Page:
Tuesday, January 19, 2010

Is it the Waltons?

I'm probably showing my age when I refer to the Waltons TV show. As a kid, it was one of the shows on CBS, we used to watch that featured three generations all living under one roof.

Looks like we may be returning to that lifestyle:

KIDS LIVING WITH PARENTS LONGER, CHANGING SHOPPING PATTERNS Retailers beware. There is a new threat to your livelihoods from young people who are living longer with their parents and not exercising their rights to consume. Reports in both The Guardian in the UK and The Washington Post explain some of the causes and effects.

The British report cites a study from the Office of National Statistics (ONS) finding that "many young adults in their mid-20s and early 30s, and especially men, are increasingly postponing the transition to adulthood." Blaming it partially on the housing and job markets, the organization also found that many simply choose to remain at home with their families. A new term - kippers (kids in parents' pockets) - apparently refers to those who stay through choice.

Although British youngsters used to fly the nest sooner than those from other European countries, new figures "show that 25 percent of men aged 25 to 29 now live with their parents...almost double the proportion of women in their late 20s (13 percent) who still live at home."

Unemployment and student debt are amongst factors convincing recent graduates to return to their parents rather than attempt to fend for themselves. Those who haven't gone to university are finding job and income prospects extremely limited.

A recent article in Population Trends by researchers from Southampton University explains that "many more advantaged young adults appear not ready to settle down during their 20s and are likely to return to the parental home," at least until they find a long term partner with whom to set up their own home.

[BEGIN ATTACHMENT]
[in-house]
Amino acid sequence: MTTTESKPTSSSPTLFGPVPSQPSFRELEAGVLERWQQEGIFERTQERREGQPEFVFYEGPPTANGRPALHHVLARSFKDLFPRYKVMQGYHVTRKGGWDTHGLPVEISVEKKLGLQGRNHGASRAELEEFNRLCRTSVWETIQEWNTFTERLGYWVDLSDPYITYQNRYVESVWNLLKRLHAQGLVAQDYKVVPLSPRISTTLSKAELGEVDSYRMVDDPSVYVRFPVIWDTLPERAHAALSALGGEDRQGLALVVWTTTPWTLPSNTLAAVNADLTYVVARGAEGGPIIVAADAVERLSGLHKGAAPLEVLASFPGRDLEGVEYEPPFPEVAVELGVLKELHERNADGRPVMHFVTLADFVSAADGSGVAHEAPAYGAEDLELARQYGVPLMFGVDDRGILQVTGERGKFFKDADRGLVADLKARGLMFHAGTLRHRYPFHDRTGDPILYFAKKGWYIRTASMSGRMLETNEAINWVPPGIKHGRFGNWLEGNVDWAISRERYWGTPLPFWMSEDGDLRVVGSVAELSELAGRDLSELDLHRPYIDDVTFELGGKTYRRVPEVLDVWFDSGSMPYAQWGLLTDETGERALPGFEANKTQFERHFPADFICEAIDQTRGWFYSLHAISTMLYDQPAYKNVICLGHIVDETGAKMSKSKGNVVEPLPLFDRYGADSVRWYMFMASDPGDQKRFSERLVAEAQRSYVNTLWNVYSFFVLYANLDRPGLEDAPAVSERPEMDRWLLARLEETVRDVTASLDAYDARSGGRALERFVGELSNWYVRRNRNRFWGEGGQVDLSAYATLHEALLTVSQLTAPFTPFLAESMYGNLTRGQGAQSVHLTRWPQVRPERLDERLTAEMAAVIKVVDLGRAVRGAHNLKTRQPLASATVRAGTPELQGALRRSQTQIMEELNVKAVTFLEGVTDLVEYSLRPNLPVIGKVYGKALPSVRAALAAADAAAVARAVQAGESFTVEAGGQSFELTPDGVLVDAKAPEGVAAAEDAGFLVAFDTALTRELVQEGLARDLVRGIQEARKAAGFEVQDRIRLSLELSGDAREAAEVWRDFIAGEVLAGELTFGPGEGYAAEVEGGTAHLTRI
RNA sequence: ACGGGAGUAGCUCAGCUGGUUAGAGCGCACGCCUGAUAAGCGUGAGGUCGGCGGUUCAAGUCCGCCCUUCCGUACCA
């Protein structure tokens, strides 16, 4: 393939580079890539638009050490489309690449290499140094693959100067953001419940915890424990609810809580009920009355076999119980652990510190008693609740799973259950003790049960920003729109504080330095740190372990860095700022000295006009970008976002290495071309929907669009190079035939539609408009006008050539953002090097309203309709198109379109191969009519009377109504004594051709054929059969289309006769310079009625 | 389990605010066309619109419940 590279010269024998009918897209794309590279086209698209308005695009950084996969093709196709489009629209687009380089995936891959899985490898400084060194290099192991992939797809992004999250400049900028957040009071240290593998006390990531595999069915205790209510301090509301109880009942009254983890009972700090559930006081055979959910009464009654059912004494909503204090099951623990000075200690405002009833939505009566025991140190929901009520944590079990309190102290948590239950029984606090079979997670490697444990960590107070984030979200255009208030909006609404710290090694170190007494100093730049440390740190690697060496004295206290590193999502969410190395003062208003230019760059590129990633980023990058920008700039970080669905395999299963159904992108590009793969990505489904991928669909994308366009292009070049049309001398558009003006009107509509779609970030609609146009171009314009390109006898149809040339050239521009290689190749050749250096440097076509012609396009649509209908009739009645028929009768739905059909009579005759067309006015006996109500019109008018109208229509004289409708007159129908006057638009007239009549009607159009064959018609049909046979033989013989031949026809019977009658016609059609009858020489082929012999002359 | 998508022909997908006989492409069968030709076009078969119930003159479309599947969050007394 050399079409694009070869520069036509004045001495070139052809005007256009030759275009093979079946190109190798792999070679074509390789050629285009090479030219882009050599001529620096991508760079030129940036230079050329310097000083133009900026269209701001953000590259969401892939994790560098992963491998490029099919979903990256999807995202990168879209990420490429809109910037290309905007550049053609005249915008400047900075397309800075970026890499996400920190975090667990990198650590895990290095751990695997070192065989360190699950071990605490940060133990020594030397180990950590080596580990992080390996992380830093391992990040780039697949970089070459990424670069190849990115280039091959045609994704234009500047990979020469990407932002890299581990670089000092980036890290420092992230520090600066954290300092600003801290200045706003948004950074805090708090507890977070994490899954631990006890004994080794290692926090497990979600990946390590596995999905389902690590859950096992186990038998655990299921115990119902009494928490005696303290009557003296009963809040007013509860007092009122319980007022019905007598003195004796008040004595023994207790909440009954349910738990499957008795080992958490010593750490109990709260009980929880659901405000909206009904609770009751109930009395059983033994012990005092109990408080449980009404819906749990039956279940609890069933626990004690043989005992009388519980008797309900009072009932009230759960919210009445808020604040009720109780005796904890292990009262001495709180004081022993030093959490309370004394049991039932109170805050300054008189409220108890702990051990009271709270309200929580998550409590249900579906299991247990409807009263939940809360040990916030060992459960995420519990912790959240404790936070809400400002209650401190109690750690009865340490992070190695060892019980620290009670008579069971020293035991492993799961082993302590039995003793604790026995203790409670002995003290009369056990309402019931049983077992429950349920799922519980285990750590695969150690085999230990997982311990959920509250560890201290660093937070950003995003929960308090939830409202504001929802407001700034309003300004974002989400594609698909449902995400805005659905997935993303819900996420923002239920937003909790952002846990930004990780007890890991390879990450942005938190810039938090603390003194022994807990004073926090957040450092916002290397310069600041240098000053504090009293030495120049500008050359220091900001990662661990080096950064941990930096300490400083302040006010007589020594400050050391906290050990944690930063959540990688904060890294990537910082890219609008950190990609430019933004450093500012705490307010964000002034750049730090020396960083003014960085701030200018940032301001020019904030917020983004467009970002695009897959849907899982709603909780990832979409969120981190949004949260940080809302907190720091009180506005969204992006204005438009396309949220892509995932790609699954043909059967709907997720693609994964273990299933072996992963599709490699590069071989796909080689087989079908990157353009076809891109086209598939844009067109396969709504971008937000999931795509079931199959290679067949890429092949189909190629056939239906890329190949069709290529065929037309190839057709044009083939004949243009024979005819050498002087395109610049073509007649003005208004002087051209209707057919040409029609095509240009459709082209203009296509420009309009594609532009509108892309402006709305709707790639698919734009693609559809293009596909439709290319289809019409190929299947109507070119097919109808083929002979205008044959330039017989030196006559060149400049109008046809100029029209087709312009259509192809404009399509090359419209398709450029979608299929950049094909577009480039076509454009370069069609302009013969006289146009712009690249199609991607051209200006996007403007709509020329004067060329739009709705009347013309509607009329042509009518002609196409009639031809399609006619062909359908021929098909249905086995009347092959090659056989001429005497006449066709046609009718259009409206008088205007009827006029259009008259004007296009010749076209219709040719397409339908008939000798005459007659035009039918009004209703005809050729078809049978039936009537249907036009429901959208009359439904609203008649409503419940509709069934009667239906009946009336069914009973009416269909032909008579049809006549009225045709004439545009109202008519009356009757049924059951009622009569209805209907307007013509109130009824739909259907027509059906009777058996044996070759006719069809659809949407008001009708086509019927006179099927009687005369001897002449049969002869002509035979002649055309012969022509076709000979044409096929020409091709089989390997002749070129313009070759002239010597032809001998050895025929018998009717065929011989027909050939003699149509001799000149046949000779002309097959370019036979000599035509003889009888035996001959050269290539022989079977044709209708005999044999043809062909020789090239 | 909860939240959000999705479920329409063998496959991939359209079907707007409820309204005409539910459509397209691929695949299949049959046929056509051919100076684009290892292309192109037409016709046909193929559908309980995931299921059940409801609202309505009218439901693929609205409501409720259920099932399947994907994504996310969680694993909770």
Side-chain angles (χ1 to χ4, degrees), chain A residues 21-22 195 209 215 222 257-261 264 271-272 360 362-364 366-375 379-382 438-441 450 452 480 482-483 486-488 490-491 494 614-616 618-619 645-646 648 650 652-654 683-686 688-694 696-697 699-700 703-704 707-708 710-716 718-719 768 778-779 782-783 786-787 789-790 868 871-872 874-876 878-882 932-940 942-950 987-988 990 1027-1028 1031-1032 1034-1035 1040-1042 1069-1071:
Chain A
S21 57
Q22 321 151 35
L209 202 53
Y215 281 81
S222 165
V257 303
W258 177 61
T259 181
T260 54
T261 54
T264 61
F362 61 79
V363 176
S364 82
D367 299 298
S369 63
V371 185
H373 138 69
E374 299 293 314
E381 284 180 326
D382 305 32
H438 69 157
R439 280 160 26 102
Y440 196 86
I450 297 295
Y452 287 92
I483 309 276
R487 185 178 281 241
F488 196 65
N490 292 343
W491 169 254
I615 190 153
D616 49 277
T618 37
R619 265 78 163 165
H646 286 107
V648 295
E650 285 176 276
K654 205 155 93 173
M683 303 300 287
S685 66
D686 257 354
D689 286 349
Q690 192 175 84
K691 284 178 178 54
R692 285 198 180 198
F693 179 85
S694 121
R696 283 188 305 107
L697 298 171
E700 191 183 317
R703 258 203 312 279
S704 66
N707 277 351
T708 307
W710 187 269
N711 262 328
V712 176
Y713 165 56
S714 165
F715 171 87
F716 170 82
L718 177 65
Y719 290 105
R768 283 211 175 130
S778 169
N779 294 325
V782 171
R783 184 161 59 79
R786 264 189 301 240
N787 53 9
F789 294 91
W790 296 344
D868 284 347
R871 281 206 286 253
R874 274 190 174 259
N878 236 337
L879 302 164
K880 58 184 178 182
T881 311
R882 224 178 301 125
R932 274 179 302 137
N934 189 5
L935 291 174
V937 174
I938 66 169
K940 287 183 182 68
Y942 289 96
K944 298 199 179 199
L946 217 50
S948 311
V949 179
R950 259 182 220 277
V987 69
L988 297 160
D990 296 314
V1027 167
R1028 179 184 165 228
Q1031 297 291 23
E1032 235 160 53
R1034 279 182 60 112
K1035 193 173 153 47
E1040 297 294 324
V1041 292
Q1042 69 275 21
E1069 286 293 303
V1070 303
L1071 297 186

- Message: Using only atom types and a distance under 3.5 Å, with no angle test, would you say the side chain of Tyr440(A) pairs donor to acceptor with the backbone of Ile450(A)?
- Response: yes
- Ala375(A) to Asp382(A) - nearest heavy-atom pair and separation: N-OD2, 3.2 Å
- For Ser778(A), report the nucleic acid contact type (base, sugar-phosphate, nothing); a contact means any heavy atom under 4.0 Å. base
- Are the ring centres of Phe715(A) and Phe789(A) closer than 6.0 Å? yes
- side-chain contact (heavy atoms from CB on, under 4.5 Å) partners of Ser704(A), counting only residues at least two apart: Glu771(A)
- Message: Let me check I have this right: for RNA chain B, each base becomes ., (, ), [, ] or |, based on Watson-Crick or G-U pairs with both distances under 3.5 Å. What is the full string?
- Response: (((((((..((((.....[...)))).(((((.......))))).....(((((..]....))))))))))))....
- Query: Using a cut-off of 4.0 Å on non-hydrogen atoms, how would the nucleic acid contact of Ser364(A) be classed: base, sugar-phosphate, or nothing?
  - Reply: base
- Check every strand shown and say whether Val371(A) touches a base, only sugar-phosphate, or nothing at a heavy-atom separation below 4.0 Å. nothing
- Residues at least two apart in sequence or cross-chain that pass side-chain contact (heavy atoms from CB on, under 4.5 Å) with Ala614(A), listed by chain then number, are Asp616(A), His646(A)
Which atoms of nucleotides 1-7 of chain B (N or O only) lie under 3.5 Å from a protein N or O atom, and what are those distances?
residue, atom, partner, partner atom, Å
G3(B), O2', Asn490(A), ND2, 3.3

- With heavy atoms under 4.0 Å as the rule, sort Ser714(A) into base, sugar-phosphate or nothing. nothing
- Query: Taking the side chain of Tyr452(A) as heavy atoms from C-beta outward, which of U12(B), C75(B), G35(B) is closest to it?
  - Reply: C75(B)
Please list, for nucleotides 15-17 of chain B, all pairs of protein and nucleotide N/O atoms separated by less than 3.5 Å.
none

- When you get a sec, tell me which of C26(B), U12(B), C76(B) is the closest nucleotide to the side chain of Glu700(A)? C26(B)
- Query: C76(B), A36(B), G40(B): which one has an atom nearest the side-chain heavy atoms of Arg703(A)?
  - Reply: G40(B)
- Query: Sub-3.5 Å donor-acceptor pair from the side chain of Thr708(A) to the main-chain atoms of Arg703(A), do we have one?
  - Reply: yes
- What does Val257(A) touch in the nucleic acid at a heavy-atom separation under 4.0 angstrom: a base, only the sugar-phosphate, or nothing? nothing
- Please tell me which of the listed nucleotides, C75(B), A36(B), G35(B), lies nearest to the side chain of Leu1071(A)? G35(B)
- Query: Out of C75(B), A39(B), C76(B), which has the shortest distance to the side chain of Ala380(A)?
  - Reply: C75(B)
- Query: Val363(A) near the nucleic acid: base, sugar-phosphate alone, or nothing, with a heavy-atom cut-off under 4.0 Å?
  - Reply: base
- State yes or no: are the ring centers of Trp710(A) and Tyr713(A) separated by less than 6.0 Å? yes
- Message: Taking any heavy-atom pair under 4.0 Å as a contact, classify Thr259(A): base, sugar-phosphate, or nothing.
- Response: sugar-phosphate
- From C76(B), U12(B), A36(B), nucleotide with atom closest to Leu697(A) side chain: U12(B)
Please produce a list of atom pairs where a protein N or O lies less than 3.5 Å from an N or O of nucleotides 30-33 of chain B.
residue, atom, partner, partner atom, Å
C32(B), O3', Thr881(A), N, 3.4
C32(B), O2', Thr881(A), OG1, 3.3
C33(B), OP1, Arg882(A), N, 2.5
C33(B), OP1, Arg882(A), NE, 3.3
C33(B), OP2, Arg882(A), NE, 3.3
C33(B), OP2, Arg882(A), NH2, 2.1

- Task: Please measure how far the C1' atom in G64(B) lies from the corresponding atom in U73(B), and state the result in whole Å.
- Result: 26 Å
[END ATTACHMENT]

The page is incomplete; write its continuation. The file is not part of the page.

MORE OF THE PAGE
For Melissa Meyer, the young woman on whom The Washington Post focuses, failure to find a well-paying job has created unintended consequences. "She has invented a dozen ways to say those words - 'I don't know'" about her future. Instead, like many of her friends, she is planning to spend time traveling and taking up short-term opportunities. As one says, "the economy is almost convenient in a sick way, because everybody is off on adventures. It's an excuse to do whatever you want." Often "hanging out" in parents' homes while they do it.

[Author's commentary] Unintended consequences from these kippers (or boomerang children, as they are also known by researchers) may have an impact on retailers. With young adults delaying their purchases of products for their homes - as well food and CPG needs met by parents - market size may be a concern for some time to come.

Source: Retailwire.com, 12/14/2009 How You Can Make Money: Mel Kleiman, President, Humetrics commented, “Less earnings but more disposable income. If they have it, they will spend it. That is all this new generation knows. They will still eat and entertain and travel. But they will not be buying clothes to go to the office, or furniture, or appliances. So electronics, clubs, and athletic goods are some of the areas that will gain from this trend.”

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